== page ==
Genetically modified crops that produce insect-killing proteins from the bacterium Bacillus thuringiensis (Bt) have reduced reliance on insecticide sprays since 1996. These proteins are lethal to some devastating crop pests, but do not harm most other creatures including humans.

Yet, just as insects become resistant to conventional insecticides, they also can evolve resistance to the Bt proteins in transgenic crops. 

To delay pest resistance to Bt proteins, the U.S. Environmental Protection Agency, or EPA, has required farmers to plant "refuges" of crops that do not produce Bt proteins near Bt crops. Refuges are planted with standard, non-Bt crops that pests can eat without ingesting Bt toxins. 

Planting refuges promotes survival of susceptible pests. If susceptible pests greatly outnumber resistant pests, resistant individuals are unlikely to mate with each other and produce resistant offspring.

But how much refuge acreage is enough?

In an article appearing in the June 2012 issue of the Journal of Economic Entomology, authors Bruce Tabashnik from the University of Arizona and Fred Gould from North Carolina State University conclude the EPA should more than double the percentage of corn acres planted to mandated refuges to delay insect resistance, encourage integrated pest management, or IPM, and promote more sustainable crop protection.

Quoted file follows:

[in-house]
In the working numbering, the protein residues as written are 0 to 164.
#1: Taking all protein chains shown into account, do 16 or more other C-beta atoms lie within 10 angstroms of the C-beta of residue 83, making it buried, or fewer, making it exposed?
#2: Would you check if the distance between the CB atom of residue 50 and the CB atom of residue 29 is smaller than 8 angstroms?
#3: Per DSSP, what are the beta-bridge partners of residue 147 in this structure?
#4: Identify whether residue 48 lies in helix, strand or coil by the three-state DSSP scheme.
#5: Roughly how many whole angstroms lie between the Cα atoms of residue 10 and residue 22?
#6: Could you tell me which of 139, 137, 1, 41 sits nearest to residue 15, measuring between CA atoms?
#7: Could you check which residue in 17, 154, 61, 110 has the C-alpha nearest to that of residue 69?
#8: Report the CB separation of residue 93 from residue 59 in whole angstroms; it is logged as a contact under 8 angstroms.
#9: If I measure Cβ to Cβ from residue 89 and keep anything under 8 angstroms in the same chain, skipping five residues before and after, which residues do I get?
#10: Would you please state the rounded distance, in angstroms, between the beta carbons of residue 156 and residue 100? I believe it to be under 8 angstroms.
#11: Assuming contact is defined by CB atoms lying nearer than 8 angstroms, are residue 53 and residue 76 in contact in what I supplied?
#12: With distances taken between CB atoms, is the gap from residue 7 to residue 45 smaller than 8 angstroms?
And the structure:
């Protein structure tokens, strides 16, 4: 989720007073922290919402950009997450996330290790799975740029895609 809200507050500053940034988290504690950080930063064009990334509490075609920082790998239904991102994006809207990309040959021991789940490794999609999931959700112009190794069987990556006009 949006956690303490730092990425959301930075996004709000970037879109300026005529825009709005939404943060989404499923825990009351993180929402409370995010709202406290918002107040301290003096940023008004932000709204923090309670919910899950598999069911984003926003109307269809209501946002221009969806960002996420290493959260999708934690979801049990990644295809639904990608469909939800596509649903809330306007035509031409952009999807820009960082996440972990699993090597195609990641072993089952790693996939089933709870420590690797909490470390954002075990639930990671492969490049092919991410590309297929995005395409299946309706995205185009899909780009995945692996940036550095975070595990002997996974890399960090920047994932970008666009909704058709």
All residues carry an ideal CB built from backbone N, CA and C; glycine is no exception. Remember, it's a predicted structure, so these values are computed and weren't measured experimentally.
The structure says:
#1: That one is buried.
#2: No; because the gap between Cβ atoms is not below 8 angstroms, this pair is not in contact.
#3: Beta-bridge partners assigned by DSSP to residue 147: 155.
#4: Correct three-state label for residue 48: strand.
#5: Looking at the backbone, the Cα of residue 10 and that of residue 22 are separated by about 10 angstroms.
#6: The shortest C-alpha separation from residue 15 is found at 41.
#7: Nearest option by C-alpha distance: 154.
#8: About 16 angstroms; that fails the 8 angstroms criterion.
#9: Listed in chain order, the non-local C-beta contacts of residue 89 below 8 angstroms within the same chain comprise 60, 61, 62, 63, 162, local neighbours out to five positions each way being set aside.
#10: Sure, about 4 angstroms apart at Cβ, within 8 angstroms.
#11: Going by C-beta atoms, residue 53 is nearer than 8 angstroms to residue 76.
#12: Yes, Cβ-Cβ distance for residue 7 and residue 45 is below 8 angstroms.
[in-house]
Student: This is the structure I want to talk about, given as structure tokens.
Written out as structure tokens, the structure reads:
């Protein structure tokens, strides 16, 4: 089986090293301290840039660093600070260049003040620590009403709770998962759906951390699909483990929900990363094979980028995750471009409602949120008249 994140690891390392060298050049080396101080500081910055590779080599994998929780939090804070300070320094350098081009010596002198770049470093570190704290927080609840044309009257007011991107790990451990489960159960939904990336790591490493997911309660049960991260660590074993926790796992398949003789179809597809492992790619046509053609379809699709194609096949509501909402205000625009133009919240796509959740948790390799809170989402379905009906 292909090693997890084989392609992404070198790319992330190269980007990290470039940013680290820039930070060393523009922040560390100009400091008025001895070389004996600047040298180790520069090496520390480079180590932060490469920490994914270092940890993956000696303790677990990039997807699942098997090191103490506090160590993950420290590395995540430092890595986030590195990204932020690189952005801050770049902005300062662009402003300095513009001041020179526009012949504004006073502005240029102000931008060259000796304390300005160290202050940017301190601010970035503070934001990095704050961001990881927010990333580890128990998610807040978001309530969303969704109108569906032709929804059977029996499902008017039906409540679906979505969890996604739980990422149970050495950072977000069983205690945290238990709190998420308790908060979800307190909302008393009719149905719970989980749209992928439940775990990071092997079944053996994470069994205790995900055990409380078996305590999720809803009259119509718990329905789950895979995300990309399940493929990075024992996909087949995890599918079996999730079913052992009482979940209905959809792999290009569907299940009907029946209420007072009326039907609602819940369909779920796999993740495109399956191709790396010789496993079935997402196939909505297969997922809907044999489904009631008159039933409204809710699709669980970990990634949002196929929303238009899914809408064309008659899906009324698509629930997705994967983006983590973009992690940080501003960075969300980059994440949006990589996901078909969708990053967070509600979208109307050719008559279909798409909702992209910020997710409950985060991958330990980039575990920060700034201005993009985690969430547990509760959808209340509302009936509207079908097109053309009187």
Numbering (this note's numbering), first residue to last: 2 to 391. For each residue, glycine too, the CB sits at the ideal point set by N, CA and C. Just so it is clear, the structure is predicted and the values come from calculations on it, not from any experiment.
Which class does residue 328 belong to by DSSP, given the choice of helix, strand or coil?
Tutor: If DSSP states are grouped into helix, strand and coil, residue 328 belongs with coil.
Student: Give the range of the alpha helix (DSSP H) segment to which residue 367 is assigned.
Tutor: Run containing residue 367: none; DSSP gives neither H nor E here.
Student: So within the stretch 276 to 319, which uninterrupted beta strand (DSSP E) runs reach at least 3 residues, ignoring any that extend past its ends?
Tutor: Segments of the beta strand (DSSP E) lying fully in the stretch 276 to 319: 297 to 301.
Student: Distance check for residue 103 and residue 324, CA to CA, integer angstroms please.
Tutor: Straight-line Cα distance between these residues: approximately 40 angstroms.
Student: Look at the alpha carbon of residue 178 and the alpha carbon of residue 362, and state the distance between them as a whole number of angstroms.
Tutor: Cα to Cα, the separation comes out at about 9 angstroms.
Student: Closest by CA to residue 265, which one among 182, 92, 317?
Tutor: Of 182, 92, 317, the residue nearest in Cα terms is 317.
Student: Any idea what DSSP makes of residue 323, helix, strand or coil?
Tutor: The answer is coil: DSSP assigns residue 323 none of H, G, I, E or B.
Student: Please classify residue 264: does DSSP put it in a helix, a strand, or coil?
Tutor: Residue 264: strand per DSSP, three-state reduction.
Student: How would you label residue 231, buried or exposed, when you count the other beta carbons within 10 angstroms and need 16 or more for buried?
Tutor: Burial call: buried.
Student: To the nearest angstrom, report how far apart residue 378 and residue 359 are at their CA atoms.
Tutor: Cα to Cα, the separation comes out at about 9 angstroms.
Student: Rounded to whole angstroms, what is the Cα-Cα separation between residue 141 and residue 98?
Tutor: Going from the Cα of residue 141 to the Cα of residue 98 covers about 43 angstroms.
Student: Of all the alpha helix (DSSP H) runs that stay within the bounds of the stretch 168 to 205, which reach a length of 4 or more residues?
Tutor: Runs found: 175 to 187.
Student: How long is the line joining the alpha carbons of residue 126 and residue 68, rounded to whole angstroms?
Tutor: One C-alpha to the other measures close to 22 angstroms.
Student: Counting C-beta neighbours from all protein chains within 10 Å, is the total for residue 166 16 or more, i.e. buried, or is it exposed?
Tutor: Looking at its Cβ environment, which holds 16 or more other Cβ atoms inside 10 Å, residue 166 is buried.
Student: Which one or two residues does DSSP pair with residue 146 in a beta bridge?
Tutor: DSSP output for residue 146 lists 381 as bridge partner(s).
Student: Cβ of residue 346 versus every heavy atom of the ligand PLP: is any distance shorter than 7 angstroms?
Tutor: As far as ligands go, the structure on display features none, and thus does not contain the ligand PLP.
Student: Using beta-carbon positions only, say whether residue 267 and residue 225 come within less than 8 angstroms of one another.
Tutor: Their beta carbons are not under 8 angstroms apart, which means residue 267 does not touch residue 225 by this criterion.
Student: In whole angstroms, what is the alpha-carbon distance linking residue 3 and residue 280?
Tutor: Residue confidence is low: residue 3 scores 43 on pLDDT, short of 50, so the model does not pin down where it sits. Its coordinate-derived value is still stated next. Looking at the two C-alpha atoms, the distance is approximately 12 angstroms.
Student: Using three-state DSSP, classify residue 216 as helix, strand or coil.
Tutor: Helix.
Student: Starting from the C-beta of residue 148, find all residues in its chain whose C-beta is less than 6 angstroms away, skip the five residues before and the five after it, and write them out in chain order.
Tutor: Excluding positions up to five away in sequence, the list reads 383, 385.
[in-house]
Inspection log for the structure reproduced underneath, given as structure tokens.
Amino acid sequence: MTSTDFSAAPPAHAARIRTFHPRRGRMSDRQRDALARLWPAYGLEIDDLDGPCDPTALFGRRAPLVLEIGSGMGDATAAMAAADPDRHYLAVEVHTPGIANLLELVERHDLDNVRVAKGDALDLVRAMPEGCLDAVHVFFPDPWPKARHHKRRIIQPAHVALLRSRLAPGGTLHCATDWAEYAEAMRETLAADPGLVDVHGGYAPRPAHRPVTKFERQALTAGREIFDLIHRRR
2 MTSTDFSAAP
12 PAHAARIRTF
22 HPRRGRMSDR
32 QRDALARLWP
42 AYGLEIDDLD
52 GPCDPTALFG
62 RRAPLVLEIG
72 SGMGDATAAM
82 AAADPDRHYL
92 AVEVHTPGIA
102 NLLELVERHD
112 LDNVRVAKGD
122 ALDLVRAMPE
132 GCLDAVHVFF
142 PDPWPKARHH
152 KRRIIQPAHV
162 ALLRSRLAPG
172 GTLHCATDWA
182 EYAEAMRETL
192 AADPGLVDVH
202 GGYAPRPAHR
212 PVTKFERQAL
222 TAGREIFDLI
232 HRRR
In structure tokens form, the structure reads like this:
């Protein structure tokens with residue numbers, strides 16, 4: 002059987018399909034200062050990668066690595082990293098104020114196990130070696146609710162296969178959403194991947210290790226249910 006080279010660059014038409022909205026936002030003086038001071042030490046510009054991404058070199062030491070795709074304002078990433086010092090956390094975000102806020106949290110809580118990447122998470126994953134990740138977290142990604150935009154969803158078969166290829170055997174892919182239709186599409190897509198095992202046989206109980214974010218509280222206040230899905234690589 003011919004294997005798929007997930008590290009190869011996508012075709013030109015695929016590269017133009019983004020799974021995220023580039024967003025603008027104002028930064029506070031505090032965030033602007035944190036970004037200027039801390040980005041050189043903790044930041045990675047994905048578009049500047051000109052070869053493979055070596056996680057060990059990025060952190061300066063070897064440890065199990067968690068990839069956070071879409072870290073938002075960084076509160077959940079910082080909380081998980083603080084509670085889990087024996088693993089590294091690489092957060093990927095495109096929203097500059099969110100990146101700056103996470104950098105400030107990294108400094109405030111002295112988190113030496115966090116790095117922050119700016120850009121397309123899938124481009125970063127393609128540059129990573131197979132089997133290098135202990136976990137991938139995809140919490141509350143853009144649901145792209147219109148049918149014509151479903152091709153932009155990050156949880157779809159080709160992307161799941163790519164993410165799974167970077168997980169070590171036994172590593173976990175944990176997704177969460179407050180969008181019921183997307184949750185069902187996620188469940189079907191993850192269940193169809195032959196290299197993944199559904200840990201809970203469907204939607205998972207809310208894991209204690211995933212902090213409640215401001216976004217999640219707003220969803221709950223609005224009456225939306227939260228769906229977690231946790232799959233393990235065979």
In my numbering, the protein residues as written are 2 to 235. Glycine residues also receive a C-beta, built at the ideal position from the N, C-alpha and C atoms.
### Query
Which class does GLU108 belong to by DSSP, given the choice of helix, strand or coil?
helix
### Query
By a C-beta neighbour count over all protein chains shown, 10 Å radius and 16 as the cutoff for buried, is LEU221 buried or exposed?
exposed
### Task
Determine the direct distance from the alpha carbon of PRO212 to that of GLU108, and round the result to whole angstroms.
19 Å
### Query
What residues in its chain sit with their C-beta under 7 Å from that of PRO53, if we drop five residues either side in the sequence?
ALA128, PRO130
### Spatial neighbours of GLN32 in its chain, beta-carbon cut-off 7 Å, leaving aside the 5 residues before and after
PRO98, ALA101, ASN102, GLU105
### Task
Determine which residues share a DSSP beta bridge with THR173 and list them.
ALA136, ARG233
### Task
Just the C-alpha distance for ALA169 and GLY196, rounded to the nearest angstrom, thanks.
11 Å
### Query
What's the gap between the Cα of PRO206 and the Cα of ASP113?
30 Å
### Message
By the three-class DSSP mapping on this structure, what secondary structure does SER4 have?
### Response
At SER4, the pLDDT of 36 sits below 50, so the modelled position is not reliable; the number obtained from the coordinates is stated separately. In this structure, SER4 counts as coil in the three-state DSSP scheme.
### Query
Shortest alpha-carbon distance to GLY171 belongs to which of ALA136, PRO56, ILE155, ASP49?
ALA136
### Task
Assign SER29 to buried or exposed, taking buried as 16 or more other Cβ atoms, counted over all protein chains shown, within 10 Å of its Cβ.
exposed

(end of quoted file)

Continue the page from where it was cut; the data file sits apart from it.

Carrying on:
To slow resistance in the western corn rootworm (Diabrotica virgifera virgifera), a beetle that is one of the most economically important crop pests in the U.S., the EPA currently requires 20 percent of the total acreage being set aside as refuges for corn producing one Bt protein (Cry3Bb1), and a 5 percent refuge portion for corn that simultaneously produces two different Bt proteins.

However, the authors note that this adaptable pest has rapidly evolved resistance to Cry3Bb1 in some areas of the U.S. Corn Belt. For Bt corn to remain effective against rootworms, they recommend increasing refuge requirements to 50 percent for corn producing one Bt protein and 20 percent for corn producing two Bt proteins.

"Corn rootworms can cost U.S. farmers close to $1 billion each year. Bt corn has helped to reduce these costs and to decrease insecticide sprays, but evolution of resistance by the pests can diminish or even eliminate these benefits," said Tabashnik, who heads the department of entomology in the UA College of Agriculture and Life Sciences.

"To delay pest resistance and sustain the benefits of Bt corn, we recommend planting more corn that does not produce Bt toxins active against rootworms. This refuge strategy allows the susceptible pests to survive and has worked to slow resistance of other pests to Bt crops."